Today’s Republican Party is an entirely different animal than the GOP of the Civil War era. The modern-day Republican Party has become increasingly associated with conservative ideologies, while its predecessor was largely a party of pragmatic moderates. While both parties are united by their commitment to fiscal responsibility, they differ significantly in their philosophical underpinnings and approaches to internal and external issues.
How does the Republican Party of today differ from the Republican Party of the Civil War era in belief and principle?
One major difference between today’s GOP and that of the Civil War era lies in their respective stances on social issues. In contrast to the moderate GOP of 1861-65, which was initially reluctant to address specific topics such as slavery, today’s Republicans generally embrace a more strongly conservative position on these issues. For example, where during the Civil War period most Republicans were ambivalent or outright opposed to African American suffrage rights (which were finally enshrined through passage of the 15th Amendment), many modern day Republicans actively support voting rights for all citizens regardless of race or ethnicity. Similarly, although at least some degree of religious freedom existed even then, recent years have seen contemporary Republicans advocating for religious liberty laws designed primarily to protect those who share their faith from government intrusion into religious practices and beliefs.
In terms of political philosophy, today’s Republican Party follows a much more traditionalist stance when compared with its antecedent faction founded in 1854 by Abraham Lincoln and other likeminded Midwest professionals opposed to slavery expansionism—the ideological hallmark being federalism alongside individual liberty. Modern-day adherents espouse limited government intervention regarding market forces balanced against individuals’ personal freedoms; this contrasts sharply with pre-Civil War GOP members who sought stronger governmental regulation over commerce and industry—often through protective tariffs—in order to promote economic growth within manufacturing centers throughout America’s North/Northeastern regions while also attempting national reconciliation through an emphasis on interconnectivity wherein each section could benefit from goods produced elsewhere in a mutually beneficial fashion (i.e., Southern agricultural exports).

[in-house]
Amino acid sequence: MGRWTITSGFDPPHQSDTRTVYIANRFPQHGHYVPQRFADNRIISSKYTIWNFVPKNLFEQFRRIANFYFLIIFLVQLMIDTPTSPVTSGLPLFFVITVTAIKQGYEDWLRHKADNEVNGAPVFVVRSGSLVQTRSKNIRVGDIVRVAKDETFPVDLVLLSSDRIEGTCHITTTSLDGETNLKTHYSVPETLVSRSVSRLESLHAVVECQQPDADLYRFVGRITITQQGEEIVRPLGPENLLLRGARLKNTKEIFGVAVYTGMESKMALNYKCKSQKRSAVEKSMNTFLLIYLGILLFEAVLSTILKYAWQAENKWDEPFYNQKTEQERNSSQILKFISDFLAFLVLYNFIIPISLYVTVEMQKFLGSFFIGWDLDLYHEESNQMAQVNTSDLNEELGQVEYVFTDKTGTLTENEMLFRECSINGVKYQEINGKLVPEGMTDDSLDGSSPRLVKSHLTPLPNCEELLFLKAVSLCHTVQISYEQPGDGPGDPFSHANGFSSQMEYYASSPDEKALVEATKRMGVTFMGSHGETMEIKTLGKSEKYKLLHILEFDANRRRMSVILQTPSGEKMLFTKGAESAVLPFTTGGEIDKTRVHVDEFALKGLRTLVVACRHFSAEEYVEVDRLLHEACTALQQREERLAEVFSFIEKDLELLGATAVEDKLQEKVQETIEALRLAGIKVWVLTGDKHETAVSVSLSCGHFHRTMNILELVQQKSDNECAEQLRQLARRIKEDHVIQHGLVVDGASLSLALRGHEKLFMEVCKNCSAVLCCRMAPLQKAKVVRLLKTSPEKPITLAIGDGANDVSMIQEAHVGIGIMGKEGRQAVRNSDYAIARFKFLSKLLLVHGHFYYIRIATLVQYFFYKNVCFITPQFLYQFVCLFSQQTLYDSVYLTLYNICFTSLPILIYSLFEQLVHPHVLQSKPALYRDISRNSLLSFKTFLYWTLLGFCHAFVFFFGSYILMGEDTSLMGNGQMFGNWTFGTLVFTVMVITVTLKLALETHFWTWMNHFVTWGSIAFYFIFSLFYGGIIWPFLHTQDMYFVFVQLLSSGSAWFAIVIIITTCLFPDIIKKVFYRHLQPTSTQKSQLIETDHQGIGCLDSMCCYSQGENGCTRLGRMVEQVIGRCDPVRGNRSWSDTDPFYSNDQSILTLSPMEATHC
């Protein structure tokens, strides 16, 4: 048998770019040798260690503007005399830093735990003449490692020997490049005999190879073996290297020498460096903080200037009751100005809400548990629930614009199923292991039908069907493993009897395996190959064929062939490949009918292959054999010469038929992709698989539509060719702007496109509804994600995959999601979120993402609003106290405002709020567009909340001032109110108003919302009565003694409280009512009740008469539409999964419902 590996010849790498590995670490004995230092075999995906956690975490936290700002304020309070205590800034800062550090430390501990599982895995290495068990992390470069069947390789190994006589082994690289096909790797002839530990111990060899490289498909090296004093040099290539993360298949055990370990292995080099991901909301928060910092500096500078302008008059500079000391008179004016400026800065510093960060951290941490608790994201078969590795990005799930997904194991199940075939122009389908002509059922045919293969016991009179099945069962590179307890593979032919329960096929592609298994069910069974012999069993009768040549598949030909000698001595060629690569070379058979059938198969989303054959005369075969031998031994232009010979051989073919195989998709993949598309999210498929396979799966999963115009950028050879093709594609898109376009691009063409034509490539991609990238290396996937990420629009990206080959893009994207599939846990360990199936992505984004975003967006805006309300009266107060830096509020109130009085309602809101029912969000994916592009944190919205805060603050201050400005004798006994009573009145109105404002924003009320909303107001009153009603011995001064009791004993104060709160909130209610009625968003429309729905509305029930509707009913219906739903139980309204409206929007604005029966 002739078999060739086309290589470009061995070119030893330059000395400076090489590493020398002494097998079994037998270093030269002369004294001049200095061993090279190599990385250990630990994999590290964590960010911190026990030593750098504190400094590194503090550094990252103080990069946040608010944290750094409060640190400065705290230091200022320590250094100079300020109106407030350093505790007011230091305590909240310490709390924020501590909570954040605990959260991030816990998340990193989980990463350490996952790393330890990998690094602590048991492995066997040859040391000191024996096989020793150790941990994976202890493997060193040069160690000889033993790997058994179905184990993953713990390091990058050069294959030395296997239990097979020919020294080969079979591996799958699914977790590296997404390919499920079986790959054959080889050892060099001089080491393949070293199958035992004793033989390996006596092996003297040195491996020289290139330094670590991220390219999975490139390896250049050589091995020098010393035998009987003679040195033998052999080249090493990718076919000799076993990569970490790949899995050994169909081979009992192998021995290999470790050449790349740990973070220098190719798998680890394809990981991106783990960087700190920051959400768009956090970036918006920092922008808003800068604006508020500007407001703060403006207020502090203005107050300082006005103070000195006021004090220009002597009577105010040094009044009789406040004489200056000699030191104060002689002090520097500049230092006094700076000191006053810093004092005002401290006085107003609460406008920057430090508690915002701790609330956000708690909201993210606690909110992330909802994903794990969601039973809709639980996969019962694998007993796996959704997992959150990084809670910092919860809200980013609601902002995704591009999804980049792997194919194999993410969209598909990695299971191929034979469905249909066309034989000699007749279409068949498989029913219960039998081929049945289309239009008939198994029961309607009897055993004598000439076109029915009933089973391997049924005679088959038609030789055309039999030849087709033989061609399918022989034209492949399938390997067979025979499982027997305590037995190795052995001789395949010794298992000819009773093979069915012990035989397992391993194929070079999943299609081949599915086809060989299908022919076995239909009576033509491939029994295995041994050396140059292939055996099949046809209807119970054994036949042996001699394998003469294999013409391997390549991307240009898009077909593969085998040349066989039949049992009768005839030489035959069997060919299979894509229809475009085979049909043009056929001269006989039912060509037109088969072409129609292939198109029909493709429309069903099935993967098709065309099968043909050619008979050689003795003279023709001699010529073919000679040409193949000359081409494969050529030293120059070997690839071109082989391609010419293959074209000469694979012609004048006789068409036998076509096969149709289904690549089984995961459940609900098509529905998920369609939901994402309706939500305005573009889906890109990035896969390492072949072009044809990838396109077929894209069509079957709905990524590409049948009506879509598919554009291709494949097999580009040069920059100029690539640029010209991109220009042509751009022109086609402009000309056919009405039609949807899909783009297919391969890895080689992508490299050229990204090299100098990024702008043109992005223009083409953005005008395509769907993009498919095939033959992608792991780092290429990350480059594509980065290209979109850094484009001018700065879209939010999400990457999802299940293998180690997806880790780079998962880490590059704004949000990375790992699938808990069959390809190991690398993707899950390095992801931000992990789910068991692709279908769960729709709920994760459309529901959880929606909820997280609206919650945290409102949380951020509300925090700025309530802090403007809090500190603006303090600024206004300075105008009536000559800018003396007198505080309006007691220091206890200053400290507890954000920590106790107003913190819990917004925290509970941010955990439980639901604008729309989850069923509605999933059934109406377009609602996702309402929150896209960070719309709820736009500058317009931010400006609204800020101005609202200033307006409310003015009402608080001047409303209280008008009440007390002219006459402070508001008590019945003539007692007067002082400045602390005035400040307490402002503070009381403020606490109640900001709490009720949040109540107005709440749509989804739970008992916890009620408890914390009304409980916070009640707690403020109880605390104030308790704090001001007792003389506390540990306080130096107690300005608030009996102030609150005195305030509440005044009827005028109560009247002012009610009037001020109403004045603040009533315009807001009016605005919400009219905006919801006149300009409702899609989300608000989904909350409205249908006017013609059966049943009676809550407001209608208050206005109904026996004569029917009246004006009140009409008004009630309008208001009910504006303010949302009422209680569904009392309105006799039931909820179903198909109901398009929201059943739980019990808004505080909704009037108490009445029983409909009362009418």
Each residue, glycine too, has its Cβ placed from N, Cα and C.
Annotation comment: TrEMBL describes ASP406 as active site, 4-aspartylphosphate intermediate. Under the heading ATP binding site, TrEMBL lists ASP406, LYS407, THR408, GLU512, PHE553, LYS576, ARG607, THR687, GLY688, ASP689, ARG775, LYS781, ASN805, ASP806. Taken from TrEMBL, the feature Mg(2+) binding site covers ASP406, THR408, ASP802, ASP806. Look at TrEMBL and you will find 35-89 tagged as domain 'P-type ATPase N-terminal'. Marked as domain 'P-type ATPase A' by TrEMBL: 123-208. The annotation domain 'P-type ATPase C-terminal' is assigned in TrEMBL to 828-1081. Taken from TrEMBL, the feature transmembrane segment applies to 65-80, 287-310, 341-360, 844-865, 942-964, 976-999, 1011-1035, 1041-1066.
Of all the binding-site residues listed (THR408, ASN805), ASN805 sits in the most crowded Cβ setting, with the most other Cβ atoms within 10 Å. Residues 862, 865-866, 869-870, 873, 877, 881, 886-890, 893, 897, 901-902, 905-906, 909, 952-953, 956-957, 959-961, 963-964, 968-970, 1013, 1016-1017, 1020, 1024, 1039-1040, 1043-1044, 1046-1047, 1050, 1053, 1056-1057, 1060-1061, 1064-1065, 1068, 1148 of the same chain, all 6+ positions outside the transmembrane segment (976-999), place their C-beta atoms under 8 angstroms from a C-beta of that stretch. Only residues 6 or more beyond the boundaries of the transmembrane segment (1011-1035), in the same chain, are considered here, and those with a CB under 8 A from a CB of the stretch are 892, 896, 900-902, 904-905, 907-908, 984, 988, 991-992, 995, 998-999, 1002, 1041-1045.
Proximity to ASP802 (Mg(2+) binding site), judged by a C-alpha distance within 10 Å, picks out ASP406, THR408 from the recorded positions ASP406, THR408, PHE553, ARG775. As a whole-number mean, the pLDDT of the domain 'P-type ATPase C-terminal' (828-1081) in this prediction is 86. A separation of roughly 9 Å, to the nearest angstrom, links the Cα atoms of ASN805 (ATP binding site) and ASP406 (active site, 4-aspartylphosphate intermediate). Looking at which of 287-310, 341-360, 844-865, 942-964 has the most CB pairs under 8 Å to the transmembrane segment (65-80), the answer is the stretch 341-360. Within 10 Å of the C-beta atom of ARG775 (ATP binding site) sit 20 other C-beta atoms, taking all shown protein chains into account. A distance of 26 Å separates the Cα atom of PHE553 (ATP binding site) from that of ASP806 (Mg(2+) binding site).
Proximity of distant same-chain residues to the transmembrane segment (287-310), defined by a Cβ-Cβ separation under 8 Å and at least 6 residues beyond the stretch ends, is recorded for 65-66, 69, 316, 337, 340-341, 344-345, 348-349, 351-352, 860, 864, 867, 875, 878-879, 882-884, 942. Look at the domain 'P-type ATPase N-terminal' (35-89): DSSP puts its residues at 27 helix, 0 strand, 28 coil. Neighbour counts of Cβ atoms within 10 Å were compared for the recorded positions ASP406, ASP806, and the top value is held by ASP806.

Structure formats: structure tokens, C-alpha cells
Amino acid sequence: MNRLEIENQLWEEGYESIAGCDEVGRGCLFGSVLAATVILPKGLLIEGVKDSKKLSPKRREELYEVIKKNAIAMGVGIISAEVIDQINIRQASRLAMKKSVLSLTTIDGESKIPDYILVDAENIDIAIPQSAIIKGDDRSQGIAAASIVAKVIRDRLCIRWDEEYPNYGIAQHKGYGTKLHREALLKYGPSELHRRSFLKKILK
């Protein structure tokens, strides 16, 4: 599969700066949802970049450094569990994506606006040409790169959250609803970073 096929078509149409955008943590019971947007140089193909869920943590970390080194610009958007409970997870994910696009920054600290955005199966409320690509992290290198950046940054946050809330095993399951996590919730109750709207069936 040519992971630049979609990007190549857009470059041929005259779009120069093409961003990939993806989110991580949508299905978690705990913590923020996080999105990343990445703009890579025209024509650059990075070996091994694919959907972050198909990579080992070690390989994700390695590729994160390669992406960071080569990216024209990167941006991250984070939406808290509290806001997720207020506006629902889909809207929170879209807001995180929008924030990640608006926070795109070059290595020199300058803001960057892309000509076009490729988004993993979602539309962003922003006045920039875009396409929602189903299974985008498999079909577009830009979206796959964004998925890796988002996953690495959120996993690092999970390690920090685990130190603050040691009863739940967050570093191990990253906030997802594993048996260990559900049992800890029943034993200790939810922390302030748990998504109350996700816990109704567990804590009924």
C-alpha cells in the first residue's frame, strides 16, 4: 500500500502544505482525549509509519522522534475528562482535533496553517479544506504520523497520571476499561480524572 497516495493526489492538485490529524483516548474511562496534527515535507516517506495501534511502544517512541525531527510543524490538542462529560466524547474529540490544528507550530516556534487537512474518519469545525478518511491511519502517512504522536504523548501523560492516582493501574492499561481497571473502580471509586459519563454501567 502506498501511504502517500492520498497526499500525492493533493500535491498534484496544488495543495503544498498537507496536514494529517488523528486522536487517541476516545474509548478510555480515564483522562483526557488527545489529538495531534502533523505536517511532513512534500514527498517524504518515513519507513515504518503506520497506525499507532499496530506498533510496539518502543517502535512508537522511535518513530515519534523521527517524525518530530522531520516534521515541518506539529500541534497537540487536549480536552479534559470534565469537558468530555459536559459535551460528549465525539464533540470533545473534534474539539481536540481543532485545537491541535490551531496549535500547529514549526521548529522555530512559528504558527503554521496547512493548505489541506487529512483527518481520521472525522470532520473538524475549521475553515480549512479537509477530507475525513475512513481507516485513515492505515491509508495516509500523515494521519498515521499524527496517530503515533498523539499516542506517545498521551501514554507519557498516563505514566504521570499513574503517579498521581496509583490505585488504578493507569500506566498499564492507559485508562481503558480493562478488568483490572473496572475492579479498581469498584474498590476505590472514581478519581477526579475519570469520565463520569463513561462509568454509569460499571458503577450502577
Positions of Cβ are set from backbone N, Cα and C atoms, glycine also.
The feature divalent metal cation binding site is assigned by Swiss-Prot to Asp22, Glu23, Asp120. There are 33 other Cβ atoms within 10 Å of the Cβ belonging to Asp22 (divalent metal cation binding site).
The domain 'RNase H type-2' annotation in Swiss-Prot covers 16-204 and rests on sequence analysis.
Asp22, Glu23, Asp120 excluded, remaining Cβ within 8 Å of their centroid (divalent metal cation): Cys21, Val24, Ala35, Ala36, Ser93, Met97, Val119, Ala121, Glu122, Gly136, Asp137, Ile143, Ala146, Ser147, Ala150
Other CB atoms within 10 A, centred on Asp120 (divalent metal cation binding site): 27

In foreign affairs too there has been a dramatic shift since 1861-65: Today the Republican party is renowned for its hawkish views toward international dealings—many times defining itself as a defender against global terrorism and rogue regimes —while it predecessor stood firmly for noninterference abroad coupled with neutrality abroad whenever possible (with few exceptions). Additionally whereas current members are strong proponents of free trade policies as well as certain forms protectionist measures supported by President Donald Trump (like his proposed steel tariff) prior waves had advocated almost exclusively for high levels import duties imposed upon incoming goods; this was done mainly so US industries would be able remain competitive due solely domestic production without facing overseas competition based upon price alone rather than quality differences between domestically manufactured versus imported items produced under lower labor costs elsewhere around world markets due wages often paid slave labor conditions across much 19th century Europe Americas alike during prewar days preceding Emancipation Proclamation 1863 Confederate state succession declarations April 1861 which led soon after firing Fort Sumter South Carolina April 12 followed Union army callup then stateside military mobilization northwards commencement First Battle Bull Run Manassas Virginia July 21 same year bring official start hostilities signaled beginning four long hard years lasting up Appomattox Courthouse Virginia 1865..